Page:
Papassotiropoulos A, Streffer JR, Tsolaki M, Schmid S, Thal D, Nicosia F, Iakovidou V, Maddalena A, Lütjohann D, Ghebremedhin E, Hegi T, Pasch T, Träxler M, Brühl A, Benussi L, Binetti G, Braak H, Nitsch RM, Hock C.
Increased brain beta-amyloid load, phosphorylated tau, and risk of Alzheimer disease associated with an intronic CYP46 polymorphism.
Arch Neurol. 2003 Jan;60(1):29-35.
Please login to recommend the paper.
To make a comment you must login or register.
Papassotiropoulos et al. have described the association of an intronic polymorphism in the CYP46 gene with AD. They found this polymorphism to influence Aβ load, however, the authors failed to show an effect on cholesterol or 24S-hydroxycholesterol CSF levels, which may be important in this respect.
This study is a continuation of the work Andreas Papassotiropoulos performed in our team in Bonn. In 1999, we showed that plasma 24S-hydroxycholesterol (cerebrosterol) is increased in Alzheimer's disease and vascular dementia (Lutjohann et al., 1999), and that this metabolite acts as a neurotoxin on SH-SY5Y cells (Kolsch et al., 1999). Later, we found that neurotoxicity of 24S-hydroxycholesterol leading to apoptosis is mediated by the generation of free radicals (Kolsch et al., 2001), and reported that plasma 24S-hydroxycholesterol is a peripheral indicator of neuronal degeneration (Papassotiropoulos et al., 2000). Our observation of increased 24S-hydroxycholesterol in cerebrospinal fluid in early stages of dementia was published recently (Papassotiropoulos et al., 2002). In a continuation of this work, we found that another polymorphism in the CYP46 gene (IVS3+43Cy´T) was associated with an increased CSF ratio of 24S-hydroxycholesterol/cholesterol in carriers of the C-allele, as well as with a higher risk of AD (Kolsch et al., 2002). Supporting the observation of Papassotiropoulos et al. that genetic variants of the CYP46 gene influence the Aβ levels as well as the risk of AD, we also observed increased Aβ levels in homocygote carriers of the C allele (Kölsch et al., unpublished). In contrast to the present paper of Papassotiropoulos et al., but in agreement with Desai et al., 2002, we could not find an association of the rs755814 polymorphism described by Papassotiropoulos et al. with AD. It may be mentioned that this polmorphism is currently denoted as a Gy´A polymorphism, but was recently named a Cy´T transition in reverse antisense sequence of the CYP46 gene.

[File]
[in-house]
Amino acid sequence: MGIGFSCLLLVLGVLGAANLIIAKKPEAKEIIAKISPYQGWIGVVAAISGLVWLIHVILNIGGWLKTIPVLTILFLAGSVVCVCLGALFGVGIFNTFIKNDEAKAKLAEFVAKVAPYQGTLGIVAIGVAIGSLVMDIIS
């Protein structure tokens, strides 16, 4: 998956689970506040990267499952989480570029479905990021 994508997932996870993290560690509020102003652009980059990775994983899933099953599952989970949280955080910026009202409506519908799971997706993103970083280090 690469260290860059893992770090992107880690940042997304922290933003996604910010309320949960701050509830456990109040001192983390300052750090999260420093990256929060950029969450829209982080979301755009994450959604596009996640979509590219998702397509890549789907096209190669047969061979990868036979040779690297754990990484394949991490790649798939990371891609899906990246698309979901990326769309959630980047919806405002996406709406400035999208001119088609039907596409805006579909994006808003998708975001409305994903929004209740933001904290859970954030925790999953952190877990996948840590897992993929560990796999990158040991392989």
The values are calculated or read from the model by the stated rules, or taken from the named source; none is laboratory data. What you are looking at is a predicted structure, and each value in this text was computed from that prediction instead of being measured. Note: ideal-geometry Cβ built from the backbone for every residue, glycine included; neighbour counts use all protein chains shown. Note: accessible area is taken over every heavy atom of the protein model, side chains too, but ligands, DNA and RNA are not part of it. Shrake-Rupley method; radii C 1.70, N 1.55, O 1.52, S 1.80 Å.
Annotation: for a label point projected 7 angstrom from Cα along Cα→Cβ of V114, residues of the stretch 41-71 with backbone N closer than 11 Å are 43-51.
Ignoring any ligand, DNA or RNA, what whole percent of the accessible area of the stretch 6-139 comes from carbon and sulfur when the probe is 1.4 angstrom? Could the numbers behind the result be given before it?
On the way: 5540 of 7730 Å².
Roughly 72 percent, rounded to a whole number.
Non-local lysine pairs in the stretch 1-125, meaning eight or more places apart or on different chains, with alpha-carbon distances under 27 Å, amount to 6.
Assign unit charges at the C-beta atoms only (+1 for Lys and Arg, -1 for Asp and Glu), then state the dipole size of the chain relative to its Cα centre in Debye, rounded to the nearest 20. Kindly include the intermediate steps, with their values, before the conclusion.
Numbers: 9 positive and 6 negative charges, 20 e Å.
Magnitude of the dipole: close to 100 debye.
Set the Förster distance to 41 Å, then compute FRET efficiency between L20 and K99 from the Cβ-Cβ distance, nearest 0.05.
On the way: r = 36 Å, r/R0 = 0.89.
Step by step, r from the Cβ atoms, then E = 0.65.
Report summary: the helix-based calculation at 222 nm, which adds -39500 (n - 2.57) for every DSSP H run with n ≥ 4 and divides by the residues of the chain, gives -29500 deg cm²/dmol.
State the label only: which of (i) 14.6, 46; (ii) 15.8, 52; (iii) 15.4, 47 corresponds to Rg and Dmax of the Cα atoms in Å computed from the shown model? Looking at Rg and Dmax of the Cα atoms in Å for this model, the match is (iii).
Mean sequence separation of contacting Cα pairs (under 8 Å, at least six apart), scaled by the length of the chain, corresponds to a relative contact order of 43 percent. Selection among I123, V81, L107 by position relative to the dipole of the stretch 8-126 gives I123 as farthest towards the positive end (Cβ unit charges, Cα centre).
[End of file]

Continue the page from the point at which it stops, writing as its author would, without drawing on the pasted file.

In contrast to Desai et al., both studies (Kolsch et al., 2002; Papassotiropoulos et al., 2003) support that Cyp46 polymorphism might influence the risk of AD by increasing β-amyloid levels. However, the relative relevance of the different polymorphisms in the CYP46 gene is not yet clear. It might even be speculated that a third, nearby polymorphism in linkage disequilibrium is the relevant actor. In contrast to the results of Papassotiropoulos, our study additionally indicates an important relevance of cholesterol metabolism, including the intracerebral metabolism of 24S-OH-cholesterol in AD. The relevance of cholesterol in AD is currently a major focus of theoretical and therapeutic studies.
In summary, we strongly support Benjamin Wolozin's conclusions (see editorial accompanying Papassotiropoulos et al., 2003) that cholesterol metabolism is of major relevance in AD and that CYP46 polymorphisms seem to play an important role. The results concerning CYP46 should be proven by additional association, as well as functional, studies. Until these studies are performed, the present data should be discussed carefully.
In our paper last year (Desai et al., 2002), we did not see any association of this intronic polymorphism with late-onset AD in our case-control cohort. One of the obvious differences between our study and this one is that our American White sample size was much larger (434 AD cases and 401 controls) than the one used in this study (201 AD cases and 248 controls). Since the question of power is a common concern in association studies, it is essential that such studies be performed on a large case-control sample having sufficient statistical power to avoid any false association. In our paper, we also examined the association of this polymorphism in a small sample of African Americans available in our center (61 cases and 54 controls). Although the distribution of this polymorphism was significantly different between white and blacks, no association was observed with AD in the black sample, either.
Our data, based on a relatively large sample size, suggest that this intronic CYP46 polymorphism is not associated with the risk of AD. We cannot, however, rule out the possibility that other sequence variations in this gene may be associated with AD, but this awaits additional studies on relatively large case-control cohorts.